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Jewish Wedding Planning

Traditional Jewish Wedding Rituals to Keep in Mind

Having a traditional Jewish wedding in Israel does require that some distinct rituals take place. Some are widely known around the world in Jewish circles and others are lesser known outside of Israel. Even if you are not an Orthodox Jew, there are a smattering of bare minimum rituals that are expected to take place at every Jewish wedding that is recognized by the rabinut (the spiritual authority for Judaism in Israel).
The Ketubah (Wedding License)
Couples are required to speak with a rabbi or respected Jewish counsel regarding advice and the sanctity of marriage before the wedding. This obviously must be planned in advance either with your local rabbi or in Israel. If couples choose to be married under the Israeli rabinut, meetings need to be arranged significantly in advance according to schedules and visits to Israel before the wedding takes place. Whether you choose to conduct this in Israel or not, this step is mandatory for receiving a legitimate Jewish wedding license, ketubah in Hebrew. The actual ketubah will take place at the actual wedding, before the ceremony.
The Mikve
For traditional Jewish weddings in Israel, couples are expected to cleanse themselves in a mikve, a bathing ritual that is considered to purify your body. This spiritual ritual, dating back to ancient times from the beginning of the first century BCE, is literally steep in Jewish history, and symbolizes a pure beginning entering into your marriage.
Wedding Bands
Plain gold wedding bands, without diamonds or any other adornments or inscriptions, are required in the Jewish wedding exchange. As a permanent symbol of the couple’s love for each other, the rings must be a simple unbroken circle — symbolizing a future marriage void of conflict or distraction.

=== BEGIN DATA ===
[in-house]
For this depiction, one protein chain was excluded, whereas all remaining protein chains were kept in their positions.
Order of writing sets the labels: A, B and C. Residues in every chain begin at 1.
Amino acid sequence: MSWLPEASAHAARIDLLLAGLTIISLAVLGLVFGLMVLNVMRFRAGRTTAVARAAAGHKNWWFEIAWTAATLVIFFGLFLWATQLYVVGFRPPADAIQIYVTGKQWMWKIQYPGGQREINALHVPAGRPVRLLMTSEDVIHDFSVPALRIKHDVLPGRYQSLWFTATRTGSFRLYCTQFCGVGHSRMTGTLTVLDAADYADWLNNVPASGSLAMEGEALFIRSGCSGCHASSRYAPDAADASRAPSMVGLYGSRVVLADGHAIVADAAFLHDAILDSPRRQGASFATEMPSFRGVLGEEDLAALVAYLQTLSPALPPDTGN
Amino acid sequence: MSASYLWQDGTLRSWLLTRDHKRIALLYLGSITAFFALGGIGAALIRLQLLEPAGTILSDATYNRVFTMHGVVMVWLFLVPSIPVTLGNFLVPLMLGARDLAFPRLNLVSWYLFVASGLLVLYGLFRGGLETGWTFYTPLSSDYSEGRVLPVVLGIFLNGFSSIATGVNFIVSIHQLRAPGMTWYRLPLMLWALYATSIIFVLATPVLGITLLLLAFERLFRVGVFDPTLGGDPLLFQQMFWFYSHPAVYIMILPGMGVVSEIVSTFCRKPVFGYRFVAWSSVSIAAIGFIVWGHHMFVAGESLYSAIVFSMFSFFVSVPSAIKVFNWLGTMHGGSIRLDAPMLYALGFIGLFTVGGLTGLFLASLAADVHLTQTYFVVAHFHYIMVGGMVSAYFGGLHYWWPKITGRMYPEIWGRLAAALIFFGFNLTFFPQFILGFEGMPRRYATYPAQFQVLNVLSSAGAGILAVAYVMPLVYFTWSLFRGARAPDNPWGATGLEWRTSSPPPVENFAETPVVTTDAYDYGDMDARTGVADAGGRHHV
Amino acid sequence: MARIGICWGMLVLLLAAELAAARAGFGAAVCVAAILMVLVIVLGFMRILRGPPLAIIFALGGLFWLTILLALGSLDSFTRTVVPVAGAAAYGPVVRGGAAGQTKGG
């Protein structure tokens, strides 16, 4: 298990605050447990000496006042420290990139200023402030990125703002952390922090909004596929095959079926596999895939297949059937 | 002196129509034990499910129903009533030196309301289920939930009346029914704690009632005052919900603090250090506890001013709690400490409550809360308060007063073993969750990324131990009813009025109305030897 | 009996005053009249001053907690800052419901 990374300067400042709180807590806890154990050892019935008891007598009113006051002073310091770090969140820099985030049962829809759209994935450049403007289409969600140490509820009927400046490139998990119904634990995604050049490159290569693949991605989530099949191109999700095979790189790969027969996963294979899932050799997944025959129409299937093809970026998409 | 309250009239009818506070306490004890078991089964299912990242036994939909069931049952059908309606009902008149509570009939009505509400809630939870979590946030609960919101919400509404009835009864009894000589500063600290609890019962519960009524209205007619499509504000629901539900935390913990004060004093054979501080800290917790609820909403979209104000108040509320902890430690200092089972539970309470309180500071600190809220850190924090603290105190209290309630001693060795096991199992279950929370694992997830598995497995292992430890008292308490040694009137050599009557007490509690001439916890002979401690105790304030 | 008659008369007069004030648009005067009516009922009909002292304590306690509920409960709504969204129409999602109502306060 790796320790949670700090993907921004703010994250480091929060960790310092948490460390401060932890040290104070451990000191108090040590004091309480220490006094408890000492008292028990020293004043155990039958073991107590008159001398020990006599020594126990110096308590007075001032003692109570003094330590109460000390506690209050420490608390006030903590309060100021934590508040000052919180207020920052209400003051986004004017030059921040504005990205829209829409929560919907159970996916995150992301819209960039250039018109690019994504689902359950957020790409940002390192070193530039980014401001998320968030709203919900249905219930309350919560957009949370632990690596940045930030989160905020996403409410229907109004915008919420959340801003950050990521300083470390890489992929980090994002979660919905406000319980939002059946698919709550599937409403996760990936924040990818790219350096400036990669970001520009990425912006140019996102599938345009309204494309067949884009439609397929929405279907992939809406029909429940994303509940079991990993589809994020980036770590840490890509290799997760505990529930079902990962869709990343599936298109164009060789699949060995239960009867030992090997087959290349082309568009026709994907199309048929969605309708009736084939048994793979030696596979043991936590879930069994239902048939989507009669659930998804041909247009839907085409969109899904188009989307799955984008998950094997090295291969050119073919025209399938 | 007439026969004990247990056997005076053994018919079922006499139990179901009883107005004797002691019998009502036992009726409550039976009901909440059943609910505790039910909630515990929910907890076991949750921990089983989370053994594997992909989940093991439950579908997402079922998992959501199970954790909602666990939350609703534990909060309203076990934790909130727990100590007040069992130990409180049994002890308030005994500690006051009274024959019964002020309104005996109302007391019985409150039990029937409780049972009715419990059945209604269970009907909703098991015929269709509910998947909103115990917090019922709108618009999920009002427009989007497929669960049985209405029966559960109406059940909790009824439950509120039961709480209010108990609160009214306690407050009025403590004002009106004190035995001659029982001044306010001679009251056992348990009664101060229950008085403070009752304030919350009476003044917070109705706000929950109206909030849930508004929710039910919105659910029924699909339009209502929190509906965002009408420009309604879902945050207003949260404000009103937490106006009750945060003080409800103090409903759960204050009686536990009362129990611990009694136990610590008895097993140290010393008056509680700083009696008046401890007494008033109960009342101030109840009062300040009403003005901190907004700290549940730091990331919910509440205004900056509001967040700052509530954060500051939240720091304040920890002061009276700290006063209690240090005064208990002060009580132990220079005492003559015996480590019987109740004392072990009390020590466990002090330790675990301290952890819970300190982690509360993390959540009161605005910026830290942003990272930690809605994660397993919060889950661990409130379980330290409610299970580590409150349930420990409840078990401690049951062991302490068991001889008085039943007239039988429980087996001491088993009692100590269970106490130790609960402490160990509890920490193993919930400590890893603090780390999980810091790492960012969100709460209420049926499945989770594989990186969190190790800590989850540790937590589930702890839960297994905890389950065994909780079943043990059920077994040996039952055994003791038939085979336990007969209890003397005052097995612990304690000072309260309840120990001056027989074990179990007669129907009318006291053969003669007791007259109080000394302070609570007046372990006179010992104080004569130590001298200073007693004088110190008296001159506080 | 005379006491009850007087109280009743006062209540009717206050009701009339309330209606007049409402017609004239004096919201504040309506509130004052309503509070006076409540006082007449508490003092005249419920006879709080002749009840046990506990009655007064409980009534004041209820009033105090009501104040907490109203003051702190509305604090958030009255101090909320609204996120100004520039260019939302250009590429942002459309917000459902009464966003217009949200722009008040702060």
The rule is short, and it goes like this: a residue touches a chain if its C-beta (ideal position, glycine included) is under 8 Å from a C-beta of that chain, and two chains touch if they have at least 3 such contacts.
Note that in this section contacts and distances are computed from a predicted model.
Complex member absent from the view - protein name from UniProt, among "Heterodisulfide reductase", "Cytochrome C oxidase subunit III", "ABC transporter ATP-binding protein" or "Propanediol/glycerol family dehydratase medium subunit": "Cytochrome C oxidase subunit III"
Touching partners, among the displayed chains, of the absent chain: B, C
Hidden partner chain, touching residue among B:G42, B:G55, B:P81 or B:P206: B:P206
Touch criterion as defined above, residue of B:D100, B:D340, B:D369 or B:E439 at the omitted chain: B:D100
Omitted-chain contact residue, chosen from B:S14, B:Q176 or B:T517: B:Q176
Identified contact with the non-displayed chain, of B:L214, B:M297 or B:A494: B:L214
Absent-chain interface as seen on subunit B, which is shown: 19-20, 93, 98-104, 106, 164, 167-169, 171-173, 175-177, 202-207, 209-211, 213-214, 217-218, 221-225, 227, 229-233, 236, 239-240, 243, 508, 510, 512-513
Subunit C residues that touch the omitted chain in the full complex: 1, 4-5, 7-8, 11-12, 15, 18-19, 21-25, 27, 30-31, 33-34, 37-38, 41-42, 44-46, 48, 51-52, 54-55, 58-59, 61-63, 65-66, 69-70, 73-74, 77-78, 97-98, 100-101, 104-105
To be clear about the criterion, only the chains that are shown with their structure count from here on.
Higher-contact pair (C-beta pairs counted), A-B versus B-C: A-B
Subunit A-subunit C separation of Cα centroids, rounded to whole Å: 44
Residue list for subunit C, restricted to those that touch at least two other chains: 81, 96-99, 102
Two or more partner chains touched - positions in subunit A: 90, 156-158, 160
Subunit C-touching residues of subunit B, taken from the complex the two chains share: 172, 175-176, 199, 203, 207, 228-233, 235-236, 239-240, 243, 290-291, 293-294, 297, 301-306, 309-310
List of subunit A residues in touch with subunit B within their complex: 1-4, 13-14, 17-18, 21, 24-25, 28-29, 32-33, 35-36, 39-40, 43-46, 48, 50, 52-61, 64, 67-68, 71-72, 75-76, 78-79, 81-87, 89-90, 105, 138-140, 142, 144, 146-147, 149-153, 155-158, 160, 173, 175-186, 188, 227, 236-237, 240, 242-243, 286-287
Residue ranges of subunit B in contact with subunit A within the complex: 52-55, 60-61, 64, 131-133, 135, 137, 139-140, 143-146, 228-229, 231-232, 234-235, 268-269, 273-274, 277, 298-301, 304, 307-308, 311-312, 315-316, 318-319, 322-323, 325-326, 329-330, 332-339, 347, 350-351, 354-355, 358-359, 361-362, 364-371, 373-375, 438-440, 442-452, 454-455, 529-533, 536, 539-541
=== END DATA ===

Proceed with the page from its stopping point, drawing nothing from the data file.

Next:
Breaking of the glass
Probably the most universally known Jewish wedding tradition, the groom breaks a wine glass by stomping on it to symbolize the destruction of the Jewish temple in Jerusalem. In modern times, it has come to be considered as “sealing the deal” on the marital covenant, a sort of Jewish version of “and now you may kiss the bride!”
Specific traditional wedding dances
Israelis love to dance and once the wedding festivities commence, there are a slew of dance numbers that are unique to Jewish wedding traditions. It is customary in some circles for men and women to section off and have their own dances in groups. In the female group, the bride dances at the center and all the women dance around her lifting the first layer of her gown into the air. By far the most popular is the celebratory “hora” dance, where the bride and groom are hoisted up into the air on chairs by all of their friends and family and everyone dances in circles around them in a traditional Jewish folk dance.
In Israel, it is customary to write a check or give cash to the bride and groom as a gift for their wedding. It actually considered out-of-the-ordinary to give anything but. A registry is not common and most destination weddings make it difficult for the couple to bring back actual gifts. If this is something you would like to address in advance for friends and family traveling from abroad, it is advised to do so a month or more ahead of your wedding date so guests can plan ahead. Asking for guests to make a contribution to your “honeymoon fund” is a softer way of phrasing the (already) awkward dialogue.
It is also worth it to note that most Jewish weddings do not adhere to the following wedding traditions that are popular outside of Israel:
-Having a wedding party of bridesmaids and groomsmen, maid of honor, etc
– Father/daughter mother/sons dances
– Throwing the bouquet
– A round table of speeches
– Something old, something blue, etc.

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